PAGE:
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Syracuse University continues to face scrutiny following their sixth reported racist incident on campus since Nov. 7. Now, they are making moves to remedy the grievances, but their genuine concern is questionable, considering it took student intervention to expedite their response.

According to CNY Central, the latest racist incident on-campus involved a Black student reportedly being called the N-word and being verbally harassed by a large group of people on Saturday night. Chancellor Kent Syverud responded to the situation in a letter to the campus community on Sunday. He explains that new evidence suggests that some of the individuals involved in the harassment are fraternity members. The evidence is based on eye witnesses, security camera footage and interviews about the racist incidents on campus.

The national office of the fraternity allegedly involved released a statement saying, “The Fraternity is working with the university to investigate and if confirmed will hold any members accountable. Such loathsome behavior is contrary to Alpha Chi Rho Fraternity principles that aim to cultivate men of word and deed based on character, honor and integrity.”

So far, the Chancellor has suspended all fraternity activities on campus for the remainder of the semester. This is the latest racist incident that has put Syracuse University in the national spotlight. In another incident on Saturday, racist graffiti targeting Asian people was found in Haven Hall. This incident occurred after more racist graffiti was found in a bathroom last Thursday in Day Hall.

The incidents sparked campus-wide outrage, including a Black student-led movement dubbed #NotAgainSU, which calls for transparency and safety for students on campus. The #NotAgainSU slogan could be alluding to another racist debacle Syracuse had back in 2018 when a video leaked of campus fraternity members using racist, homophobic and ableist language in skits.

The groups involved in protest organized a sit-in at Syracuse University’s Barnes Center at the Arch, and issued a list of short-term and long-term demands to the university. Following the sit-in, which began last Wednesday, more racist incidents occurred on campus, including the Black woman being called the N-word, a hateful message toward Asians in the Physics Building bathroom, and a swastika drawn into the snow right outside the campus on Thursday.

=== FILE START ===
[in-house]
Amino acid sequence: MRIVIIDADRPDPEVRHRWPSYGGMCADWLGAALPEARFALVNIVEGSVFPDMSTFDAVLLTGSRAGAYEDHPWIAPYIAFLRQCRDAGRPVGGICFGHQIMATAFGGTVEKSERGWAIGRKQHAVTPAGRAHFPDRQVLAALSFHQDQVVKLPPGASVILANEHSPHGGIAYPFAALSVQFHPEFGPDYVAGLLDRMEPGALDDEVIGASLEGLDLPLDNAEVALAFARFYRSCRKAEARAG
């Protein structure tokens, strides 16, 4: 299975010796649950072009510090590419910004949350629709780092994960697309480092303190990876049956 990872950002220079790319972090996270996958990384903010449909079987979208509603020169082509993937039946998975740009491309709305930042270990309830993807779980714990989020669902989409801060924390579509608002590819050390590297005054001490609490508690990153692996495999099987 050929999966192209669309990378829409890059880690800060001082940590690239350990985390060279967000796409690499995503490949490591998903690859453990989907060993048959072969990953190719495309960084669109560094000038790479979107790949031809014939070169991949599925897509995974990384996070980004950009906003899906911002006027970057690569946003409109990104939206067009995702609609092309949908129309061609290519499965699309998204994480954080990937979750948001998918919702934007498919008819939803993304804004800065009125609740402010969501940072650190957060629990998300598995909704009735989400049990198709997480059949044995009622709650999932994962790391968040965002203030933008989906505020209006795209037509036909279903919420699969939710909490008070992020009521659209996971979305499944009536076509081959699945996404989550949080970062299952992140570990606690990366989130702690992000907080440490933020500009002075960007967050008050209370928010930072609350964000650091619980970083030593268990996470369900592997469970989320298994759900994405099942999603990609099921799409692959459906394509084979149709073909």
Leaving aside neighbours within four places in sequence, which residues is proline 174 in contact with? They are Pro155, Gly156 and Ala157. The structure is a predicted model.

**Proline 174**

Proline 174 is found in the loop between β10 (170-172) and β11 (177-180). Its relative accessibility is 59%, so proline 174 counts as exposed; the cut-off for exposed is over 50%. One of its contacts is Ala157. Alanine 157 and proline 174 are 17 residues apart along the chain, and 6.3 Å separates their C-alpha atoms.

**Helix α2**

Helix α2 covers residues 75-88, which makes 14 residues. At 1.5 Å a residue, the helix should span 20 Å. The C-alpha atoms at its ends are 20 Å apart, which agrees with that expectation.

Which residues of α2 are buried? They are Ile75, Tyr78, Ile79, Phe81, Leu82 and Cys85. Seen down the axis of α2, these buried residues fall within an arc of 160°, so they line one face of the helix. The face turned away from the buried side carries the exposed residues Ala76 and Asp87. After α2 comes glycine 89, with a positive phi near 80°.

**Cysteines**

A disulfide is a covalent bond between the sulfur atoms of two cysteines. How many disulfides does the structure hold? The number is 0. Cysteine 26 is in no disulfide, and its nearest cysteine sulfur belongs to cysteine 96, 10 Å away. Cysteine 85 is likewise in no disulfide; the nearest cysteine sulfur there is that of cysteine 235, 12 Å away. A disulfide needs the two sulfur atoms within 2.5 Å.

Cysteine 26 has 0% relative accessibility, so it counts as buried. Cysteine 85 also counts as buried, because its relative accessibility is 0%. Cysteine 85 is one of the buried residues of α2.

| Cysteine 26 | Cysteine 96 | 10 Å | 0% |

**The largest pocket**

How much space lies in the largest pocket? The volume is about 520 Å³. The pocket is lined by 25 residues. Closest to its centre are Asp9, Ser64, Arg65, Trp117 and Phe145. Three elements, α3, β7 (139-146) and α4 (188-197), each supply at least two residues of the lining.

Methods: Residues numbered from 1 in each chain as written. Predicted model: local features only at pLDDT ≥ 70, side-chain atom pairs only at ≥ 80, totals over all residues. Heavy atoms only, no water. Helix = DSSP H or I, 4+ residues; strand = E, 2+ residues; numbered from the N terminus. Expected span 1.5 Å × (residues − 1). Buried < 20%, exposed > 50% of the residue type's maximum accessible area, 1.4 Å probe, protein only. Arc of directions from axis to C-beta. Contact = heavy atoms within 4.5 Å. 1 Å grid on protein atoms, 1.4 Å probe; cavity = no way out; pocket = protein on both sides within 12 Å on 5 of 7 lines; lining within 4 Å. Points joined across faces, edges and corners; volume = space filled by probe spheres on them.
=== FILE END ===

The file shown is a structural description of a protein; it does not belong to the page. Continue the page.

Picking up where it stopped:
Campus officials have tried to respond to a number of the incidents with certain actions, according to CNY Central. Chief of Department of Public Safety, Bobby Maldonado, said a reward of $50,000 will be made available to anyone with information leading to the arrest of the people involved. The reward was made available thanks to a “generous donor,” according to Maldonado.

Maldonado also said that two new shuttles will be added, providing transportation to College Place, the East Neighborhood and South Campus Locations starting Sunday night. Campus officers have also transitioned form 10 to 16-hour shifts, and additional security officers will patrol the campus.

The Dean of Students, Marianne Thompson, said that the university and other faculty members are working to review and amend the student code of conduct, as well as hire a more diverse staff.

“Let me first say, all students on this campus should feel welcomed, valued, and respected. Some of you do not feel that way now and some of you have not felt that way in the past, and this must change”, said Marianne Thompson.

Interim Provost, John Lui, also said that there are four priorities academic affairs are taking on to improve the experience of students on campus. They encompass changes to the curriculum, diversity training, inclusive teaching, and diversifying the faculty as Thompson acknowledged. Lui explained that the faculty will be “part of the solution” and true deadlines will be set moving forward.

Despite this assurance, questions still beg to be answered on how the students — who are the primary victims of these racist attacks — will be supported and how they will play a part in changing campus culture.

After all, they were the ones who helped incite change and held the administration and campus accountable. Including diverse students in the conversation and policy-making will truly prove that the university wants to protect the students on campus. Considering the number of incidents, adding diversity training and inclusive staffing might be a good PR move, but it won’t create a consistent platform for marginalized students to be heard and to implement change.


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